By Jeremy Kahn

(FORTUNE Magazine) – FORTUNE's All-Stars are, by definition, equity analysts--stock jocks with the picks to prove it. So on purely technical grounds, Ravi Suria, who covers the less-than-glamorous domain of convertible bonds, doesn't qualify. Still, any ranking of Wall Street's best research talent would be remiss if it didn't give an honorable mention to Suria, who made some of the past year's most prescient calls.

Suria, of course, is best known as the 29-year-old Lehman Bros. analyst who took down His report last summer detailing the e-tailer's deteriorating credit position sent the stock plunging 20% in a single day and ignited a media maelstrom. Amazon CEO Jeff Bezos took the unusual step of publicly disparaging Suria's work, calling his analysis "pure, unadulterated hogwash." Suria stuck to his guns. In subsequent reports, he picked apart the company's balance sheet, one rotting timber after another. Some of his research was so controversial, in fact, that Lehman refused to release it. But the numbers speak for themselves. Since Suria's first report, Amazon has lost some 90% of its value and even the company's former boosters now worry about its ability to generate cash, a factor they conveniently ignored until Suria's warning.

Amazon was hardly the only on-the-money call Suria made last year. He saved Lehman's clients millions of dollars when he cautioned them about the crushing wave of debt about to envelop the telecom industry, giving them plenty of time to get out before the bubble burst. Investors who followed his advice to put their money in the oil and energy sectors last spring also got rich.

As a convertible-bond analyst, Suria has a broad beat. He roams across different industries and carefully monitors macroeconomic trends. Because convertibles are a strange hybrid--half equity, half debt--he focuses on both a company's upside potential and its downside risk. Suria's approach, though, is unique even among convertible-bond analysts. Most of his rivals are quants, relying on technical trading models rather than fundamental research.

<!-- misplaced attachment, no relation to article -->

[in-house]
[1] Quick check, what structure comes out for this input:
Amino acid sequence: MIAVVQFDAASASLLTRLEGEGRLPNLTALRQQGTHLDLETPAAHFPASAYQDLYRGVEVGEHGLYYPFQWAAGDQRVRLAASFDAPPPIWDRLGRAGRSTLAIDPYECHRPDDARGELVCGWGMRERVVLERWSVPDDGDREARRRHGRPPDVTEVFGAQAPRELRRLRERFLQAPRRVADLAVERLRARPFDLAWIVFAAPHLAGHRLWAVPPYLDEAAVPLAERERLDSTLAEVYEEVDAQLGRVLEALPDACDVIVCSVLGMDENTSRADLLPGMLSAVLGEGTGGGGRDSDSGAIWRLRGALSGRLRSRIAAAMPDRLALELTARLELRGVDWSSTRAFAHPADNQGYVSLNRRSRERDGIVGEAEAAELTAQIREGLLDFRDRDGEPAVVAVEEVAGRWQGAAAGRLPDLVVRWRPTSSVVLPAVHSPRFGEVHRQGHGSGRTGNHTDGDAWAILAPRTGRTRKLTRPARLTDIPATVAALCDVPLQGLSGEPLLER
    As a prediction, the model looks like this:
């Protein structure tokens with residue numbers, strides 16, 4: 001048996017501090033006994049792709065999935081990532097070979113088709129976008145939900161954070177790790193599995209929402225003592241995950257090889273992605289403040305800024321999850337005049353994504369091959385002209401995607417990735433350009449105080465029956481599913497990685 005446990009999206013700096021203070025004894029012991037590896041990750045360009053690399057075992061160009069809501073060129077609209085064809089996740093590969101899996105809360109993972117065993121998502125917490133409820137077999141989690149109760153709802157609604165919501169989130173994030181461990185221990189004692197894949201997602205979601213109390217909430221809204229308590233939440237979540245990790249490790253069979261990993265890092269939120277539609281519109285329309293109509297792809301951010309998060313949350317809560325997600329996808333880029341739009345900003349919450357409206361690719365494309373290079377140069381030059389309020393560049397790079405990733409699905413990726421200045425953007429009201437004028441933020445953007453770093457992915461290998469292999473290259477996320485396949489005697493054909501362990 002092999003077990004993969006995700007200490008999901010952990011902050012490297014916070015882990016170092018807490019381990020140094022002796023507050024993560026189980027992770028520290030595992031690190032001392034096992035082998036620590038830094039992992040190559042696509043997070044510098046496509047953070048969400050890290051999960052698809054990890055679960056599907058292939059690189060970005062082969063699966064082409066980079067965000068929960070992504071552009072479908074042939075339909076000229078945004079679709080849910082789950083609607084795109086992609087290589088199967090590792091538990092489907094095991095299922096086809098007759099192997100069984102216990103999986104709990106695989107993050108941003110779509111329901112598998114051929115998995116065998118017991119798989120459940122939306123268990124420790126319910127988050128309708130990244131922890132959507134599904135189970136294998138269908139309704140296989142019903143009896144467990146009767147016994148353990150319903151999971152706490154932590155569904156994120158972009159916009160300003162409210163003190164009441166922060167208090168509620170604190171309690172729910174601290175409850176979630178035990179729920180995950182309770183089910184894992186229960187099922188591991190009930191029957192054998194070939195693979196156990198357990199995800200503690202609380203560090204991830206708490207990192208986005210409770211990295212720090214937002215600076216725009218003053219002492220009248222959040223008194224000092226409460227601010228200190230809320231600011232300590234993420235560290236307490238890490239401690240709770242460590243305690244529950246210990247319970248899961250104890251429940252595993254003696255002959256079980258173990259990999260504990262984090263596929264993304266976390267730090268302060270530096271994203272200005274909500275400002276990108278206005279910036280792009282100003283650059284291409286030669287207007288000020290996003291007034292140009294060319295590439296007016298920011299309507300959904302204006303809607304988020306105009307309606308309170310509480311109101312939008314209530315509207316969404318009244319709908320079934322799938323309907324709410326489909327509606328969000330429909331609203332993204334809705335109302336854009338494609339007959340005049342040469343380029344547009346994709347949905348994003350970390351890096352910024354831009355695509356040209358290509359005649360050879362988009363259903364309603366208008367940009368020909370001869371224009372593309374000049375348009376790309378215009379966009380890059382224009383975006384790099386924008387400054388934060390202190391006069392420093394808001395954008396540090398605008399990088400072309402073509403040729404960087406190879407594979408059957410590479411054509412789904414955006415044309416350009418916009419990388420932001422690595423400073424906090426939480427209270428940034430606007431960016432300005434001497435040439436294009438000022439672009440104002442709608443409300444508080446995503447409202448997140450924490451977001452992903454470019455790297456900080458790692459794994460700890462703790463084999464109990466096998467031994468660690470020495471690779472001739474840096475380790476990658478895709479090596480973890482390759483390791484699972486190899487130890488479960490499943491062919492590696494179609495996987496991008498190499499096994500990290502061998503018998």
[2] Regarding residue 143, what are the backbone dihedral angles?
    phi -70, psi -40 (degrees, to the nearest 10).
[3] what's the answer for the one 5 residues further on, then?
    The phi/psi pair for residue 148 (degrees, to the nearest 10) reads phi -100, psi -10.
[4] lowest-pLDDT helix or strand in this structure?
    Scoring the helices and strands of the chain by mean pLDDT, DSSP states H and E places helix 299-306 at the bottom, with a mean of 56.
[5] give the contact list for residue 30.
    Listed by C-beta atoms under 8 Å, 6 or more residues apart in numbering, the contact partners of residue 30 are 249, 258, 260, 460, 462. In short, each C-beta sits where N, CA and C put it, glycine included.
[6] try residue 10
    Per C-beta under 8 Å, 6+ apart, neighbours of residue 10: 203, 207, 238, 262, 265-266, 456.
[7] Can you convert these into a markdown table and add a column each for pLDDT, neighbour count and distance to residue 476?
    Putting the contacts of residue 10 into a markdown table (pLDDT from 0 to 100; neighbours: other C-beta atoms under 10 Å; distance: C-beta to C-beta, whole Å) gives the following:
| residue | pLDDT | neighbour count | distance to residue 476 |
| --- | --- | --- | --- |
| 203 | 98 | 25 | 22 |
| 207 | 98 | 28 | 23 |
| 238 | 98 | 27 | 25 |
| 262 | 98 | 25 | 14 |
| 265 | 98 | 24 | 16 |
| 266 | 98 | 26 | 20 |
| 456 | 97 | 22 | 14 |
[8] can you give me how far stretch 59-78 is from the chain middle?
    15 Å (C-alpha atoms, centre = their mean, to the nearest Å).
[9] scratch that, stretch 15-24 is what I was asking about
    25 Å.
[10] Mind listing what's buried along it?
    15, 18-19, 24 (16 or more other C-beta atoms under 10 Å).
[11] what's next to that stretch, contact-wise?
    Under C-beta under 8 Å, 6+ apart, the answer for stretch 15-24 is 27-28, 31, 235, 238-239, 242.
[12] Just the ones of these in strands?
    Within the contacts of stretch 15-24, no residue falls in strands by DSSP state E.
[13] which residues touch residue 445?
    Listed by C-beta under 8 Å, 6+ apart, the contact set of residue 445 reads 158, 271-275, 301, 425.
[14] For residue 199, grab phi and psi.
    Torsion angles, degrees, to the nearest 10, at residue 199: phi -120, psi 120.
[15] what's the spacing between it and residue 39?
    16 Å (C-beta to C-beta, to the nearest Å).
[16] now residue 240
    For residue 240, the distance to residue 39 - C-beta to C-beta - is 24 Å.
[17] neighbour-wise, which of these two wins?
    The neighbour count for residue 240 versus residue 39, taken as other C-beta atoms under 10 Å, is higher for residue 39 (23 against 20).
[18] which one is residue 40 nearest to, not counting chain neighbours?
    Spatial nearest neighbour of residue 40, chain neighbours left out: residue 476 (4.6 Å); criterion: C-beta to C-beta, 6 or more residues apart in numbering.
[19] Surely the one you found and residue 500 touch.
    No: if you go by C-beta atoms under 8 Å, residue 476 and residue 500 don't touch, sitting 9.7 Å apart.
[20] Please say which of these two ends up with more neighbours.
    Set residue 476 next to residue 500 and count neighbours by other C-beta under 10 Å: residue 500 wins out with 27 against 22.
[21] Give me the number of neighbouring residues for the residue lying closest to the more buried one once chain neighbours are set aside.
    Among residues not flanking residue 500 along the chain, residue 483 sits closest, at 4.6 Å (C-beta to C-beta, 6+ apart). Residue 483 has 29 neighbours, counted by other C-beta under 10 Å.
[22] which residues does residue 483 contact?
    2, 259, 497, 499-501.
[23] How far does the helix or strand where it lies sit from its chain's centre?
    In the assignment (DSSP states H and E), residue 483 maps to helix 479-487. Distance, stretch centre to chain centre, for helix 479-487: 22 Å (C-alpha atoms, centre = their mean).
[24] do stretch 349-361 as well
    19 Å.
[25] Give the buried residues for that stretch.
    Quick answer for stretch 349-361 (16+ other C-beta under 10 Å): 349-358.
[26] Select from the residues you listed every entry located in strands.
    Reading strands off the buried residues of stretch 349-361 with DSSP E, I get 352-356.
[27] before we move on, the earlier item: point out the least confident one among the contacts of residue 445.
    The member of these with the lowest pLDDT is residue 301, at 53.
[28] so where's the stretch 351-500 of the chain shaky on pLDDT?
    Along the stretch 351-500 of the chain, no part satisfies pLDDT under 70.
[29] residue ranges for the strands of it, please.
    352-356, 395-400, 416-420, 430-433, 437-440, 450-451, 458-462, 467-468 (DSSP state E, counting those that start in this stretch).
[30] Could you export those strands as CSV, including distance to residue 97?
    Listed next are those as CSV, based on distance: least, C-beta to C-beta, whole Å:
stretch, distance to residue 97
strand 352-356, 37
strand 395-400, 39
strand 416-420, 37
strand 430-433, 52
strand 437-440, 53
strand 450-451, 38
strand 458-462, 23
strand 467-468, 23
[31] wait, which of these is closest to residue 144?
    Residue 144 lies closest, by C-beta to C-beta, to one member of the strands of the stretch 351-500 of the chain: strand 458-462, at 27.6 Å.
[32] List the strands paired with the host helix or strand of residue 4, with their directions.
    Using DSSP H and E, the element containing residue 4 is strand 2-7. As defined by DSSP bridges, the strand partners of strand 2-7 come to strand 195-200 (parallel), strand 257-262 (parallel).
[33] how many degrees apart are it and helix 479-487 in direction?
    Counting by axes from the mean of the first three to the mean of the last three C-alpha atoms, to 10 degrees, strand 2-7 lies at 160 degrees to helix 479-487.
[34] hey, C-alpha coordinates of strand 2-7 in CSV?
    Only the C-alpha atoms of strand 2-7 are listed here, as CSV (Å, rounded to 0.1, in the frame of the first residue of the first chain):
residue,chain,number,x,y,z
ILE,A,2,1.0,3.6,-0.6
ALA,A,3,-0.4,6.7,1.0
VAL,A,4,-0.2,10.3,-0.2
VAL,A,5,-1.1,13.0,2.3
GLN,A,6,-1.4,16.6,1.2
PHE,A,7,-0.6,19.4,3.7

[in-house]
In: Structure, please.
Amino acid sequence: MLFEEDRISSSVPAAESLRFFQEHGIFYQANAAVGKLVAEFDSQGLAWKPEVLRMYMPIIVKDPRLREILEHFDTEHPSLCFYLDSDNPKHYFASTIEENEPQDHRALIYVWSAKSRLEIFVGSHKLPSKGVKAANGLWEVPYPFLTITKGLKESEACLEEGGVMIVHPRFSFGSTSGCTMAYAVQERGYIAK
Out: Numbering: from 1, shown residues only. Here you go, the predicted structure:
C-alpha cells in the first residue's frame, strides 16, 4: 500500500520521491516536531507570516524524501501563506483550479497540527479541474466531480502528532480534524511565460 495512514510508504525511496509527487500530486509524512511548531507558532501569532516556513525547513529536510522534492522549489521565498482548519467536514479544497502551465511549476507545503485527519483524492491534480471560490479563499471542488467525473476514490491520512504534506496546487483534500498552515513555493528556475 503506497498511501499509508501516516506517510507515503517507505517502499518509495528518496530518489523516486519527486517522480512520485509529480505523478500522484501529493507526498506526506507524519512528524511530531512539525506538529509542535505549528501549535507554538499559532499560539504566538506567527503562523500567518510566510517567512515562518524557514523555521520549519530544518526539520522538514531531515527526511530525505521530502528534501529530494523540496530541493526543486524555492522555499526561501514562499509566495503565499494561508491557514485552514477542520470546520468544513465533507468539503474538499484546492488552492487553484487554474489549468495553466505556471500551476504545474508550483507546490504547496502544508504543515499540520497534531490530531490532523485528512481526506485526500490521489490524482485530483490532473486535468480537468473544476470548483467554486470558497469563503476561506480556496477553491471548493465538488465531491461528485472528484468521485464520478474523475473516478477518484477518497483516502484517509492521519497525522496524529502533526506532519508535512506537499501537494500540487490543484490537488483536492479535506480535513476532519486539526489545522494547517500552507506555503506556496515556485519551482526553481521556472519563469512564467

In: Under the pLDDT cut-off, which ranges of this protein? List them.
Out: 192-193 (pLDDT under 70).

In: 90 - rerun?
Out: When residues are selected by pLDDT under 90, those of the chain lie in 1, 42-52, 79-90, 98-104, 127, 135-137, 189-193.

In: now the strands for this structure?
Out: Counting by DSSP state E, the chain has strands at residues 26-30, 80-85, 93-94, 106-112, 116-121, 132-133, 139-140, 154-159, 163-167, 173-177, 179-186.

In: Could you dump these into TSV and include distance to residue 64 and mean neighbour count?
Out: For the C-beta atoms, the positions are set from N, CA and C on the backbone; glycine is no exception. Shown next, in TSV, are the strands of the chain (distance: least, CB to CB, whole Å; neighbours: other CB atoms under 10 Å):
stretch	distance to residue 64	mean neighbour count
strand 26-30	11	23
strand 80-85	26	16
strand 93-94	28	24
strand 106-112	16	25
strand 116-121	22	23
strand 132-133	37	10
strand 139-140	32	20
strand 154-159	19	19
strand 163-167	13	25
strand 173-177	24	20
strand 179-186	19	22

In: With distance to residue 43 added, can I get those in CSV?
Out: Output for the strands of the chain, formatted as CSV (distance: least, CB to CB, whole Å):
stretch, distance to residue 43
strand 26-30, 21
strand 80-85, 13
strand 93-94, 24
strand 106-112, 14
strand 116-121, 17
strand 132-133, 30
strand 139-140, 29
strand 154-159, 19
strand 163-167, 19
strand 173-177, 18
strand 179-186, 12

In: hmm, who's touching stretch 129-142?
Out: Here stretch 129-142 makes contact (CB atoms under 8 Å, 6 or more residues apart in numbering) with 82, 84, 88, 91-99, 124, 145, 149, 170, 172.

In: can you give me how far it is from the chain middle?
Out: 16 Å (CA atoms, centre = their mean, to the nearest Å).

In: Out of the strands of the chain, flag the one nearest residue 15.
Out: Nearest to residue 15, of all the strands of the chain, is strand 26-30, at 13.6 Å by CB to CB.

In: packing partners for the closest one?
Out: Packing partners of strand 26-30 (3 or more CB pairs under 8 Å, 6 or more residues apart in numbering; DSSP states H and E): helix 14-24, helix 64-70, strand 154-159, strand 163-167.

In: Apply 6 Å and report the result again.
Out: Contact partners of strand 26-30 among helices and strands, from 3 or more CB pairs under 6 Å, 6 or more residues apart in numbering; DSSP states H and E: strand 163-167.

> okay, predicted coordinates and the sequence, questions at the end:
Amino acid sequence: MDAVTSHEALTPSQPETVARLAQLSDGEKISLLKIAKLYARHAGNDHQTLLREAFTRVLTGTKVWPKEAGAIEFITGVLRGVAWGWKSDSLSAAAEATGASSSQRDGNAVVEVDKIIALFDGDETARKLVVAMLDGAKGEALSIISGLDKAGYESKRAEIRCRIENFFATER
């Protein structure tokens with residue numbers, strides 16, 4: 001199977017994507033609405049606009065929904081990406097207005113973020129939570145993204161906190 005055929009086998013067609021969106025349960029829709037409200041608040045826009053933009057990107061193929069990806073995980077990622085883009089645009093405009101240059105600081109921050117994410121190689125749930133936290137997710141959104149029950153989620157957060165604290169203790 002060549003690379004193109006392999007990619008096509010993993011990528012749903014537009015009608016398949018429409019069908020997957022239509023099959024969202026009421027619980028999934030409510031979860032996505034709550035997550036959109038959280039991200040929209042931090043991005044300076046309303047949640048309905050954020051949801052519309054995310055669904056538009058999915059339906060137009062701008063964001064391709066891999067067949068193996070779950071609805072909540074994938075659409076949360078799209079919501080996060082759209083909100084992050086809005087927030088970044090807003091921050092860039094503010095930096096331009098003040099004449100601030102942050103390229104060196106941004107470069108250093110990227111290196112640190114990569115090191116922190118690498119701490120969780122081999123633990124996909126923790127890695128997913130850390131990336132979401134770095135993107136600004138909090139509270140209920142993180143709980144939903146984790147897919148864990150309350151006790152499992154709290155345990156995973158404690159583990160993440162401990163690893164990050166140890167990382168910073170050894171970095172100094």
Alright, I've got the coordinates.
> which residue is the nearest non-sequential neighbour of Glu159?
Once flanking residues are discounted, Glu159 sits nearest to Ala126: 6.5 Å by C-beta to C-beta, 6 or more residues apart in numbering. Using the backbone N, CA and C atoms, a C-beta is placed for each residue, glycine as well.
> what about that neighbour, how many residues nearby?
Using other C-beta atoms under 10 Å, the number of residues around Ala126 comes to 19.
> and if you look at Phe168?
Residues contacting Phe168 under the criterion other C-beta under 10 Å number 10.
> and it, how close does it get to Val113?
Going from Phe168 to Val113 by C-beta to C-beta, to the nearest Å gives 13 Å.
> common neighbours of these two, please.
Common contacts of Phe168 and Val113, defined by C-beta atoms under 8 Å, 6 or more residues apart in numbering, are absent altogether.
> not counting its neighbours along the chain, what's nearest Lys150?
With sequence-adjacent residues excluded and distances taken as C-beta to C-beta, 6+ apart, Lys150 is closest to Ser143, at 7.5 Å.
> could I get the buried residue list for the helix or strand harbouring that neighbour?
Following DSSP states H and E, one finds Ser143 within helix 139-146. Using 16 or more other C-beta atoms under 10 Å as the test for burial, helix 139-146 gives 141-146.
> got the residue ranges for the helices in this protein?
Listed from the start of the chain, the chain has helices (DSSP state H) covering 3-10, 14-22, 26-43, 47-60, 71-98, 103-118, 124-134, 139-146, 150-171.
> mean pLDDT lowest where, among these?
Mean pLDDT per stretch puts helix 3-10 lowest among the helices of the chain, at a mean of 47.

Suria, who left Lehman in March to join famed hedge fund manager Stanley Druckenmiller at Duquesne Capital Management, practices the kind of hardheaded balance sheet analysis that fell out of favor during the late-1990s boom. He communes with financial statements, not esoteric computer models--and certainly not with CEOs. Oh, talking to management has its place, Suria admits, but it comes a distant second to poring over financial statements.

Unlike many of his contemporaries, Suria spurns the limelight. He can be boastful--even arrogant--in private, but he doesn't want to be a CNBC star. And while he'll allow reporters to cite his written reports, he almost never grants on-the-record interviews. (He declined to be interviewed for this story as well.)

Born in Madras, India, Suria studied engineering both at India's Annamalai University and at the University of Toledo, in Ohio, but was soon drawn to business. While working toward an MBA at Tulane in 1995, he analyzed the books of the Shaw Group, a maker of pipes for the oil industry, for a class project. At the time, Shaw's shares had sunk to $2 on a split-adjusted basis. But Suria's analysis convinced him that the company was undervalued. It was his first great pick--Shaw's stock now trades at $60 a share.

After Tulane, he landed at Paine Webber's convertible-bond desk, where he quickly established a reputation as an analyst to be reckoned with. In 1998 he was ranked by Institutional Investor, a distinction that earned him a call from Lehman, where Suria went to head convertible research. There he labored in a small office on the 14th floor of Lehman's headquarters in the World Financial Center. Tucked away between the firm's REIT and gold analysts, the office didn't exactly have a star on the door. And while Suria frequently praised his superiors for supporting his work, clearly there was tension--especially when his Amazon reports called into question the research of Lehman's own Internet analyst, Holly Becker.

Now at Duquesne, Suria feels free to write what he wants. His research may receive less attention, but those who have the privilege of seeing it will certainly be reading closely. Suria has proven time and time again that no one on Wall Street can afford not to.